With today's affordable GPS units, Fred Langa says, you'll never again miss a turn--or a meeting.
It's happened time and again in the high-tech world. When a new tool emerges, it's an exotic, high-priced item used only by a select few. The price falls slowly, until it's low enough to attract a critical mass of users. Then the bottom falls out of the pricing, and the once-exotic tool goes fully mainstream.
For example, we saw this happen recently with CD burners. In less than 10 years, CD burners went from being special-purpose units costing thousands of dollars to commodity devices that are included on most new PCs.
Today, following the same patterns, another once-exotic technology--the global positioning system--is about to go mainstream. In fact, I believe GPS technology will soon be a part of the lives of millions, especially among business travelers.
GPS technology uses a small mobile receiver and appropriate software to receive ultraprecise timing signals from a fleet of satellites (originally used by the U.S. military, but now available to all users). The GPS software processes the satellite signals to calculate the exact location of the receiver. All GPS receivers work in two dimensions (latitude and longitude) and most also work in the third dimension (altitude). Most GPS units routinely achieve accuracies to within 30 feet (10 meters) and some give accuracies within 10 feet (3 meters). If you're unfamiliar with the technology behind GPS, Trimble Navigation has a good general overview.
Unlike the bulky, expensive GPS units of yesteryear, today's GPS units are small, lightweight, and inexpensive add-ons for every major brand of PDA, palmtop, and pocket PC (Palm, Visor, Jornada, iPaq, Cassiopeia, Clie, etc.). They're also available as add-ons for high-end PDA/cell phones (such as the Nokia 92xx line), as generic add-ons for almost any laptop, and as standalone handheld or dash-mount units.
OK, But What Would You Use It For?
GPS's real power is unleashed when it's combined with digital street maps. Your GPS-equipped palmtop or laptop can generate instant, on-the-fly, turn-by-turn, moving-map directions as you navigate an unfamiliar area. Traveling with GPS is like having a live expert navigator in the seat beside you, letting you drive through an unfamiliar area with the accuracy and confidence of a local taxi driver. GPS can make missed turns--and missed meetings--a thing of the past.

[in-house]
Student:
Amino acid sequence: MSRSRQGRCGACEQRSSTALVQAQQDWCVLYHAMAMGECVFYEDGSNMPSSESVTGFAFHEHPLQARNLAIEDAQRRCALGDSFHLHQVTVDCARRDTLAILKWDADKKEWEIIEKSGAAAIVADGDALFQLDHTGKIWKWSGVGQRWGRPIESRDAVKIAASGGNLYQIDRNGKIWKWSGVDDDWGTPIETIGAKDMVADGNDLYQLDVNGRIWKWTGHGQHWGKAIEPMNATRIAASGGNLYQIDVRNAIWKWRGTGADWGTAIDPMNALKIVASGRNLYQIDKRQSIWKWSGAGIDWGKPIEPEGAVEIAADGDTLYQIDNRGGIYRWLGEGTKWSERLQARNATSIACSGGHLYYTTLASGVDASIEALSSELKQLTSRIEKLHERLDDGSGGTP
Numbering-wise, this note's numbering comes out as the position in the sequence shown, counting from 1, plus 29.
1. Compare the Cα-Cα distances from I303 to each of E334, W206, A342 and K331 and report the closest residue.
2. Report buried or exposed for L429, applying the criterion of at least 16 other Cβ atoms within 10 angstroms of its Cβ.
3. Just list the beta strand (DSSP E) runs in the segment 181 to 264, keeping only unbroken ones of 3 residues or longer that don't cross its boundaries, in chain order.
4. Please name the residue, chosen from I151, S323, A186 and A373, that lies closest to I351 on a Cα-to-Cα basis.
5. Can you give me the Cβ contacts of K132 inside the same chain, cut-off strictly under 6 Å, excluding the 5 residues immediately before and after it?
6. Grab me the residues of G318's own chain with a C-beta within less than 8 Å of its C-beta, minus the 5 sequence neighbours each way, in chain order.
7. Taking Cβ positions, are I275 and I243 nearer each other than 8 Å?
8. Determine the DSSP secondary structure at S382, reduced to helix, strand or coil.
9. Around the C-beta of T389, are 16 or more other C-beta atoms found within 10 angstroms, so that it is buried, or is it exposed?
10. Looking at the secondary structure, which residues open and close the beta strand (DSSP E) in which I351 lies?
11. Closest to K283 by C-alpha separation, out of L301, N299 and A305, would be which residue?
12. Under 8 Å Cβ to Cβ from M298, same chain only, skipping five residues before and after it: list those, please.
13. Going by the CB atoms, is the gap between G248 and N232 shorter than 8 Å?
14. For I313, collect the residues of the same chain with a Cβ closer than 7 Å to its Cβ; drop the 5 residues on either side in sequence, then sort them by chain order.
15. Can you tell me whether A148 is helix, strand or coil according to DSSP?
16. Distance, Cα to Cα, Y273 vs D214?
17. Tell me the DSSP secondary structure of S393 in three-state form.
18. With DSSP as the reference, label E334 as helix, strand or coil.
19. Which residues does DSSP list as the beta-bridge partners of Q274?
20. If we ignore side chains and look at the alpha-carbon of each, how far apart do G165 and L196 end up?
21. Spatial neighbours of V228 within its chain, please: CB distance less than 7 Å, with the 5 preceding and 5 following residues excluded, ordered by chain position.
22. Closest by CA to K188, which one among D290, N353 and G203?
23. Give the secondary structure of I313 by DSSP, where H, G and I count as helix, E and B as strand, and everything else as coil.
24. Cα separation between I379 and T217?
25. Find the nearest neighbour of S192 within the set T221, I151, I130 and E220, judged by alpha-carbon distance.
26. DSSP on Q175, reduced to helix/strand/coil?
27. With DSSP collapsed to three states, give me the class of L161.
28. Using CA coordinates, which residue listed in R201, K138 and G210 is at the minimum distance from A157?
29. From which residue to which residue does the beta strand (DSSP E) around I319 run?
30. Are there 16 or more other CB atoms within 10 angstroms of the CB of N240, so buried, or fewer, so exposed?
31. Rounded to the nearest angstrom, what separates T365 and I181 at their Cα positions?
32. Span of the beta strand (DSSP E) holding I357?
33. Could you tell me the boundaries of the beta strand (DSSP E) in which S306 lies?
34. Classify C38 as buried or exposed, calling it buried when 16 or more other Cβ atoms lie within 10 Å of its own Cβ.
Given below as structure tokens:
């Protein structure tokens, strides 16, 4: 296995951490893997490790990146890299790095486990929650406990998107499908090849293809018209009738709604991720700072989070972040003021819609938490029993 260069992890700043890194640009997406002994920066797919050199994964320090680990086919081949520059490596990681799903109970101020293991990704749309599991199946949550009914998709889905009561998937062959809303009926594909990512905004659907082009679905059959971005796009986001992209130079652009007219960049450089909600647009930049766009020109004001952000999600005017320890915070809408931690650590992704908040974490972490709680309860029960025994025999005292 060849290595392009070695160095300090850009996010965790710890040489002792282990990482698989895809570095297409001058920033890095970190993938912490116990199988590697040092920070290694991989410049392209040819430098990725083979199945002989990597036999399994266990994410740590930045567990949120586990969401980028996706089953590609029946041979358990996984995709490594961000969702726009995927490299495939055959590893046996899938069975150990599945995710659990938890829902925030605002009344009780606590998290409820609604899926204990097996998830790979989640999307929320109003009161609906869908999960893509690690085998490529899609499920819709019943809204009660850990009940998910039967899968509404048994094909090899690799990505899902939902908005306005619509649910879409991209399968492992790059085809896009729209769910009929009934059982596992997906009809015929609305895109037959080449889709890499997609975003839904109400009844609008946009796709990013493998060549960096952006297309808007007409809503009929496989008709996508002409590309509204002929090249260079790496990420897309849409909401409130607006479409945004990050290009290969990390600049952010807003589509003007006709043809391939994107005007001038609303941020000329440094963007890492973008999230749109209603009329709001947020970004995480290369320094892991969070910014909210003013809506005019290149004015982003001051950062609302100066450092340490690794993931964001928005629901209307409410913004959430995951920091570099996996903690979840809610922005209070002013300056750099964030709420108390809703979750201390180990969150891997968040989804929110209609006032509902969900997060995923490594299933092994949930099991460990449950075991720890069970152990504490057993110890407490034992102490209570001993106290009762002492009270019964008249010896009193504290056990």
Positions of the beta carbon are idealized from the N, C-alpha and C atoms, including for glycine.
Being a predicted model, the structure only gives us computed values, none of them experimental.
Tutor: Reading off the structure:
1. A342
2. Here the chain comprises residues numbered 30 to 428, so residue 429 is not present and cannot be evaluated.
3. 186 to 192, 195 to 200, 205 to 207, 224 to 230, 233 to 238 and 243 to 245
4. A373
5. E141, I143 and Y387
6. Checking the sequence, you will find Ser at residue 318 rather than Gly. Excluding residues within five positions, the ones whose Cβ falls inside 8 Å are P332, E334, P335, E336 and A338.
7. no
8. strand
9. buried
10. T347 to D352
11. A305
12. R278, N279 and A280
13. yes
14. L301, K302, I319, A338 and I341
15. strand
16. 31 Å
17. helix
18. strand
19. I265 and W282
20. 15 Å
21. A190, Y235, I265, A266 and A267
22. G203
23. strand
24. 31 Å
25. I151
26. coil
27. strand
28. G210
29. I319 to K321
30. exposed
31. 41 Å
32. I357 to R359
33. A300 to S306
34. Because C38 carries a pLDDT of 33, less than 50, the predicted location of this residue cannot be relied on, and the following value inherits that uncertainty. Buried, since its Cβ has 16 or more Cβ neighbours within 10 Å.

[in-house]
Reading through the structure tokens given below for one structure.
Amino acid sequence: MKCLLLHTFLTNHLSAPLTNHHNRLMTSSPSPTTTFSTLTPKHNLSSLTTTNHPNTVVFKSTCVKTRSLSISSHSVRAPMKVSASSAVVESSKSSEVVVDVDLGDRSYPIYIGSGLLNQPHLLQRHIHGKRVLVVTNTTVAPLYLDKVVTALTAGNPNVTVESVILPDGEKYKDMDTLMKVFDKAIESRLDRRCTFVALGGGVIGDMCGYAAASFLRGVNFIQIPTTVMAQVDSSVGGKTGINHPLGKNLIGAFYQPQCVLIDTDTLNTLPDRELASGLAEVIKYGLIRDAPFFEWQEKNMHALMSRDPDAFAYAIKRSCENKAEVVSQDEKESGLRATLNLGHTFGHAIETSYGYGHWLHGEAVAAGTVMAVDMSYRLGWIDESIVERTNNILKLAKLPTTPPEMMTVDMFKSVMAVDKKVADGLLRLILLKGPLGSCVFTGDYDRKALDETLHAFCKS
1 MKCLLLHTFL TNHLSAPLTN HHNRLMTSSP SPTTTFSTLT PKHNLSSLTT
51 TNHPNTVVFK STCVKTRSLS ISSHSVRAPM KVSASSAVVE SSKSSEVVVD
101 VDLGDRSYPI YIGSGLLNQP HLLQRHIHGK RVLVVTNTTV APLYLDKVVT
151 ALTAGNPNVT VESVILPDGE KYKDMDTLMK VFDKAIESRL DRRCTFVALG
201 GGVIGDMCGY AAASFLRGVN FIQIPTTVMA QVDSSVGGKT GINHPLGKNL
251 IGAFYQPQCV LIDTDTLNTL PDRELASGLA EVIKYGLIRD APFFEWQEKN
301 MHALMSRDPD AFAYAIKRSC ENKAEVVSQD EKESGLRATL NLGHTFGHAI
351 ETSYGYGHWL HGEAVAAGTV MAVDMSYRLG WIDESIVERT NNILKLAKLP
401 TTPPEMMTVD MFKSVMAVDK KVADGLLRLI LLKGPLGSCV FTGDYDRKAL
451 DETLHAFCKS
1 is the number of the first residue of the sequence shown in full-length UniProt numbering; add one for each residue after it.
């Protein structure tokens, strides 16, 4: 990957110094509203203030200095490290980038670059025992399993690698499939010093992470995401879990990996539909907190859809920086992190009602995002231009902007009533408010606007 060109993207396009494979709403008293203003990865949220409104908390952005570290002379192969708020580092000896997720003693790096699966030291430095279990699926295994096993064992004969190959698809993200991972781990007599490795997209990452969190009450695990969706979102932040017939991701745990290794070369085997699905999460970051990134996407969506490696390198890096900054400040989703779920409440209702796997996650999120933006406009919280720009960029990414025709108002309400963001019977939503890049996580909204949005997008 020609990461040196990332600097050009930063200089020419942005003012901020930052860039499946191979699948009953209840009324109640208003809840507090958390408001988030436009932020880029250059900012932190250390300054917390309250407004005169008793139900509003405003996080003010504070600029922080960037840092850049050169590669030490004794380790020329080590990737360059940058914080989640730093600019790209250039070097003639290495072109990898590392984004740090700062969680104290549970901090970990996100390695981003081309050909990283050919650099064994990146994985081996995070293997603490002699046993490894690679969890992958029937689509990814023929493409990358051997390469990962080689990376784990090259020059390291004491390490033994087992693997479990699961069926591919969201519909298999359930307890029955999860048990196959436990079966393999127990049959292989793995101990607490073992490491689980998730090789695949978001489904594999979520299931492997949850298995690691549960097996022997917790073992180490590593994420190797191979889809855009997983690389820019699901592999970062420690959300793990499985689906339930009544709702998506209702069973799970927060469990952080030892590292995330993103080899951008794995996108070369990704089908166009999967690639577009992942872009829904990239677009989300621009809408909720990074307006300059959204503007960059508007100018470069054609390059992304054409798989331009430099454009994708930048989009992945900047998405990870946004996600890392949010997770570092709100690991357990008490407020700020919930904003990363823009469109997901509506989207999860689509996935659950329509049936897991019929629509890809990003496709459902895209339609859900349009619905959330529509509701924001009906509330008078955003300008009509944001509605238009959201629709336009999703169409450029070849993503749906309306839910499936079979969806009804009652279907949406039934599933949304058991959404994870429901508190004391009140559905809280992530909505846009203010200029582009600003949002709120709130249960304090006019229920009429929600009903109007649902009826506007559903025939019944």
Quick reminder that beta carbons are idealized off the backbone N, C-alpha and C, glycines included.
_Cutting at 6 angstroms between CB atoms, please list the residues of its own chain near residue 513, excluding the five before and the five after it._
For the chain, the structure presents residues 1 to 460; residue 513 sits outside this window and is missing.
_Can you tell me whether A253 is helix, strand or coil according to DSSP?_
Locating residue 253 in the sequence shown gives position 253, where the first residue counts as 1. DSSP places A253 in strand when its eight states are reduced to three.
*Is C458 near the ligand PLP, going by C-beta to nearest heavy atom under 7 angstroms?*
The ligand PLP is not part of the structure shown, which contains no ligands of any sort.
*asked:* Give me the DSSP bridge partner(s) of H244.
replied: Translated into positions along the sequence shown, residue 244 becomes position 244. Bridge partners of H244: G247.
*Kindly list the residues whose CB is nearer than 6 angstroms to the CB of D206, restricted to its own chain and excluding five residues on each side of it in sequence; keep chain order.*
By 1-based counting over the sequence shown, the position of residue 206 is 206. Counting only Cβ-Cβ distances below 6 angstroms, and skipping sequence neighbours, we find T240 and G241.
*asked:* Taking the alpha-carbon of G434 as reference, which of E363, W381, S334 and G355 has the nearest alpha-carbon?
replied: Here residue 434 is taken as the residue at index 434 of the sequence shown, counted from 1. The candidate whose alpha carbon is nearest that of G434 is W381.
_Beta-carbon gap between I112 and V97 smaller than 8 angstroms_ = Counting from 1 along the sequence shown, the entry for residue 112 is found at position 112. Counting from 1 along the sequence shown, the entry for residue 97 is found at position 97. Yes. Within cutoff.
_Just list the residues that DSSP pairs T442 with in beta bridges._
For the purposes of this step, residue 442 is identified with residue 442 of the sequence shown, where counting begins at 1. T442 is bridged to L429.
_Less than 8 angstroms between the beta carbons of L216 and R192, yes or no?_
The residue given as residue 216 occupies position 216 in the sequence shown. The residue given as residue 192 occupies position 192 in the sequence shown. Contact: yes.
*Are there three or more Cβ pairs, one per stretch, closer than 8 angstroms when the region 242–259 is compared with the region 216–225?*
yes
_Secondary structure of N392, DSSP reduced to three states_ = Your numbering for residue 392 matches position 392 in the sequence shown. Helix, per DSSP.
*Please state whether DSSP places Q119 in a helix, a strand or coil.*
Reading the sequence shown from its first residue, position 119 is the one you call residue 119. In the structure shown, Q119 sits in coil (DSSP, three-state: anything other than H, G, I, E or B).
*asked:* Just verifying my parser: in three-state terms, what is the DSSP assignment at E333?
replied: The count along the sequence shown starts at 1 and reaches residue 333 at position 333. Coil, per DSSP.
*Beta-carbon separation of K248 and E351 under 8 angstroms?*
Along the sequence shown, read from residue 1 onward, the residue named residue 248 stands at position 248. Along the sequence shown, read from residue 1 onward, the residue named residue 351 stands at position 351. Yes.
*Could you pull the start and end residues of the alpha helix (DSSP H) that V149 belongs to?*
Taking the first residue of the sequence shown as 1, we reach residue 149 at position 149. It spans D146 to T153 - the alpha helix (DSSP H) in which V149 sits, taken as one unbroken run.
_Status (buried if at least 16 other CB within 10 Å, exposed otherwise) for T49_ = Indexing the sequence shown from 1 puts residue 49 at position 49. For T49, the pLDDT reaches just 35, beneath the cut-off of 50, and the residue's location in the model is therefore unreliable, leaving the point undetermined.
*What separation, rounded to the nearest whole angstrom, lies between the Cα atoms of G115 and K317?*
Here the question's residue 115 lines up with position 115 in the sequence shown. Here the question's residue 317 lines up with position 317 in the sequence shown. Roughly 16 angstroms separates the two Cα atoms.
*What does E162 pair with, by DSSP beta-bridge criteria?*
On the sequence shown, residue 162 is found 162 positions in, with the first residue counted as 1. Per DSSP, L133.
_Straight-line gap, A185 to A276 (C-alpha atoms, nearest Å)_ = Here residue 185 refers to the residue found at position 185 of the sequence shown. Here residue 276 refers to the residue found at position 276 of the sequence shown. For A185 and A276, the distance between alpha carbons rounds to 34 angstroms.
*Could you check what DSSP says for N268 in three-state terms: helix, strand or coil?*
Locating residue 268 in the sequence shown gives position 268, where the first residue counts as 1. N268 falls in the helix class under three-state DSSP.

Many business travelers now use printed driving directions from car-rental agencies or from sites such as Expedia, MapQuest, or Yahoo. But a traffic jam, construction detour, or any change in plans can render useless your printed driving directions. In contrast, GPS updates its location every second or so. If you have to leave your planned route for any reason, the GPS senses the change and recalculates a new route to your destination, almost instantly.
Many GPS units also continually update the estimated time of arrival so you never have to ask, "Will I still make it on time?" If you're delayed, the GPS software can show you the precise effect the delay will have on your schedule, so you can phone ahead to advise the other meeting participants of your new ETA. This lets the others do something more productive than wait for you to show up and reduces everyone's frustration with travel delays.
GPS can help in many other ways, too. For example, good GPS software comes with a built-in database of restaurants, hotels, and other travelers' points of interest, so you never blindly have to exit a highway in hopes of finding a rest stop, a place to eat, or a hotel. Instead, you'll know what's available in the area and can zero in on what you want without wasted time or travel.
Ever been scammed by a taxi driver? GPS helps ensure that any "short cut" really is a short cut and that you're not just being taken on a longer route to rack up a higher fare.
Surprisingly, GPS can help even when you're on foot. The better ones let you turn off "car" mode and enter "pedestrian" mode. The GPS will then calculate the best walking route to any destination, using shorter, more-direct courses that may not be available to cars (pedestrians aren't restricted by one-way streets, for example).
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